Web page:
Sarcastically I asked if they had any new stickers, and to my surprise, Eva Braun handed me one that had what I imagine was the Aryan idea of a dream girl, a full figured blonde holding an M16. It had a message as well stating something like "My man is a real racist..Is yours a wimp?" Some gibberish like that.
"Rad...thanks" I said.
I returned back to base, and reported on the numbers of the enemy. Twenty maybe? Weapons? None I could see. We talked for a while about the best strategy to attack them, and concluded we didn't really have one, and that it was weird to just attack somebody first without being attacked. "Fuck, we suck" I said, "We've waited for this day, and now that it's here...we don't even really care. Oh well."
Then out of the blue and from the Country Club stage came Big Boss, a rock of a man, who I'd watch fight everybody throughout the years, and never come close to losing. He was a legend, and one of our greatest allies in the scene. Behind Big Boss stood the Chorus of Disapproval guys, including our very own "Street" Regis Guerin. Big Boss was shouting at the Nazis, who in between my undercover mission and failed strategy summit had started sieg heiling. There wasn't even a band playing yet either. They were just Sieg Heiling the empty stage. Obviously they'd gone completely mad, and Big Boss was not going to have it. Not tonight. It was ON!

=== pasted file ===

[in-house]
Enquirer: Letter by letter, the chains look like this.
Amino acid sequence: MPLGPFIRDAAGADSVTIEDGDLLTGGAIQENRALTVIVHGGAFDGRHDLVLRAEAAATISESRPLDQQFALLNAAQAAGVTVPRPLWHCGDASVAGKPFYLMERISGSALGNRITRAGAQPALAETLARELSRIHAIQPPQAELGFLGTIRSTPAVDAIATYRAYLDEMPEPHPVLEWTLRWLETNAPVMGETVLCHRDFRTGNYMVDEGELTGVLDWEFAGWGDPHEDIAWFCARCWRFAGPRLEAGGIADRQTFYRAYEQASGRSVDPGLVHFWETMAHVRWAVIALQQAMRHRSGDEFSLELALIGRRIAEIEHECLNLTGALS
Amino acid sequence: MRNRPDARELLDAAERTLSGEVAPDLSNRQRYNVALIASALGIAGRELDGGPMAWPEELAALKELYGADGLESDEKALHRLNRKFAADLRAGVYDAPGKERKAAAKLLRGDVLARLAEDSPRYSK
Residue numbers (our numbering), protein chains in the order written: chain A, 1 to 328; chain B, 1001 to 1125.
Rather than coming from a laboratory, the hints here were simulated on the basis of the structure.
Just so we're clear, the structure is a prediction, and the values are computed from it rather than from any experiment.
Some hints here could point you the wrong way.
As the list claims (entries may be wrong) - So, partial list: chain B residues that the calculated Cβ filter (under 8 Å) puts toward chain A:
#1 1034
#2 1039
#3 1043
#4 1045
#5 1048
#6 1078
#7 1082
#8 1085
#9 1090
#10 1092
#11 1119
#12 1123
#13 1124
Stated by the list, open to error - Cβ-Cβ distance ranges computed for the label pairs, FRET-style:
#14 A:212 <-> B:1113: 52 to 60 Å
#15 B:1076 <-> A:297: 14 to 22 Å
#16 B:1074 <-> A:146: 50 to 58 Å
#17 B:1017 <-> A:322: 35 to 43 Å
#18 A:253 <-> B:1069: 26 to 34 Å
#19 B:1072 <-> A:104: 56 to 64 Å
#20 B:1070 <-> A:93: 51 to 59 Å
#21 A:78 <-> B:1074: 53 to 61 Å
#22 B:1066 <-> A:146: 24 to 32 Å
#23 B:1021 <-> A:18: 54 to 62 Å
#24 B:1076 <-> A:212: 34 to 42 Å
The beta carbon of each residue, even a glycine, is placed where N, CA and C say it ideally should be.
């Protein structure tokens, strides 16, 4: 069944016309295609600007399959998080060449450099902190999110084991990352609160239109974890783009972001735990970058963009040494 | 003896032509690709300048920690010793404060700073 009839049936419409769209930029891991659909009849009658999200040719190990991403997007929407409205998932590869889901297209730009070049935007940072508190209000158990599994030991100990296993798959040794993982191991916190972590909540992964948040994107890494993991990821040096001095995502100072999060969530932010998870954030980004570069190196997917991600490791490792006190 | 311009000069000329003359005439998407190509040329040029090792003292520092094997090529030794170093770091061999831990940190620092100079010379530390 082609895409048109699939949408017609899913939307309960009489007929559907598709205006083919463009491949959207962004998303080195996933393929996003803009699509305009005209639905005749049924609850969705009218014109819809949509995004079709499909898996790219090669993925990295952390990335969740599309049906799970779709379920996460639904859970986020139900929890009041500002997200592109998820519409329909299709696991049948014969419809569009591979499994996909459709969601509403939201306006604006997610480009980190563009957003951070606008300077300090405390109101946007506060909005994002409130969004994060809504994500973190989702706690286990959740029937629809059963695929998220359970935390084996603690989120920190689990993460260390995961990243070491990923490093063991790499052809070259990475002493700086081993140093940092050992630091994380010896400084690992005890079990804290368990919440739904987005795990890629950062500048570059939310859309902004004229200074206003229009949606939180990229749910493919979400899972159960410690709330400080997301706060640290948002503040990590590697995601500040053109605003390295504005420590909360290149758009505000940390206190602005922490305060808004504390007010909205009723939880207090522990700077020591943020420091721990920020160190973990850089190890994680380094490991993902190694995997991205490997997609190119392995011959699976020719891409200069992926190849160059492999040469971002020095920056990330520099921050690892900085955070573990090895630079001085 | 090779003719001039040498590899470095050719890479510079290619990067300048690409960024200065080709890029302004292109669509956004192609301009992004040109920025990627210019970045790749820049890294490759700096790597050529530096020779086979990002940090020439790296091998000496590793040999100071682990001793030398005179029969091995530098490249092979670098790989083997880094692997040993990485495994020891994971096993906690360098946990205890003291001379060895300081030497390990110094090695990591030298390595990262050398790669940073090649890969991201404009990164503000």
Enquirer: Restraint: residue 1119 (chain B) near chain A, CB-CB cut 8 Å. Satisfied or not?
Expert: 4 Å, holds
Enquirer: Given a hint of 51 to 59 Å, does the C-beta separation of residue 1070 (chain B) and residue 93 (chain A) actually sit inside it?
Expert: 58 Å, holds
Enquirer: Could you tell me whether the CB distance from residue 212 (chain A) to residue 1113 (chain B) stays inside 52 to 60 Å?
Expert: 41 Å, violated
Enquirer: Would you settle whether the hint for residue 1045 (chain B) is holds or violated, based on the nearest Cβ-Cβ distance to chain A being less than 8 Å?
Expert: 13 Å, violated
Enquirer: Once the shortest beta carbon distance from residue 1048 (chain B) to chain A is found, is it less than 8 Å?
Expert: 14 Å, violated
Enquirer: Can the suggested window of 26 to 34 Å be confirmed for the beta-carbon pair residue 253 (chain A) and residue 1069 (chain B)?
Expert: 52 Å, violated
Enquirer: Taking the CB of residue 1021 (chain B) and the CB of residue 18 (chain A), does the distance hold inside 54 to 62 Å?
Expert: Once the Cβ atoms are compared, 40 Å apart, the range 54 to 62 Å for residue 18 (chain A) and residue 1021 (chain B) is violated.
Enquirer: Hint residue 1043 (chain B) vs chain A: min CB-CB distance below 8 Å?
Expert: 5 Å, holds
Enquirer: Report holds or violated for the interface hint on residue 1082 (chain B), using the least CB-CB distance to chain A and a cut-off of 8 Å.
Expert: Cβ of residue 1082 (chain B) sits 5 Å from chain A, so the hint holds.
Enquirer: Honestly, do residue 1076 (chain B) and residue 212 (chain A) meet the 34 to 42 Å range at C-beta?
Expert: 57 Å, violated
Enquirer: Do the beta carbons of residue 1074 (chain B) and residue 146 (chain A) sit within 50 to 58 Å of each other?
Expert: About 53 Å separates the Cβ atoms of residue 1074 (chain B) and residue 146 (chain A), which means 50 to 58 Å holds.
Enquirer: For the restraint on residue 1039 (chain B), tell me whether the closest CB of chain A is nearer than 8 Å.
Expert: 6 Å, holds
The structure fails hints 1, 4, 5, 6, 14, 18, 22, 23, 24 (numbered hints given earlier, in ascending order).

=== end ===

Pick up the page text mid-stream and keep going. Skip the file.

Frank and crew charged the Nazi skins from the front swinging at all of them wildly, and we immediately attacked their left flank from our position, and when we met in the middle it was a full on war. Guys picked up chairs and started bashing the Aryan Warriors with them. Big Boss was dropping 2 - 3 of them at a time, while the tougher dudes from our platoon like Scott Sundahl, Brett Page, and Greg Brown were head butting them and doing wild WWF type maneuvers off the tables into them. Together we pushed them into the streets of Reseda, and the battle continued out there.
Somewhere in the melee the S.H.A.R.P, skins joined up increasing our number to an overwhelming majority. The Nazis were falling in heaps left and right. They were getting brutalized. They were done. I watched David flee in terror, nose bloodied, into an alley. If he had a slingshot to hurl at us it never materialized. It would be the last I ever saw of him. Some of his followers held their ground a while longer, but eventually succumbed to the constant assault of fists and feet. As they all retreated, somebody from our side screamed, "You thought Hitler was cool? That's what you get."
It was over. We had won. The Nazis were never seen at a show I attended ever again. Eventually after a series of betrayals, the entire Metzger organization collapsed, ending with a crushing defeat inside a Portland, OR civil courtroom in a wrongful death suit. As for me? WelI I ended up going home after the show with one of Eva Braun's friends who had stayed behind. I guess I felt that a true warrior gets to take the losing armies one cute woman with him. I mean that's what Genghis Kahn would have done, right?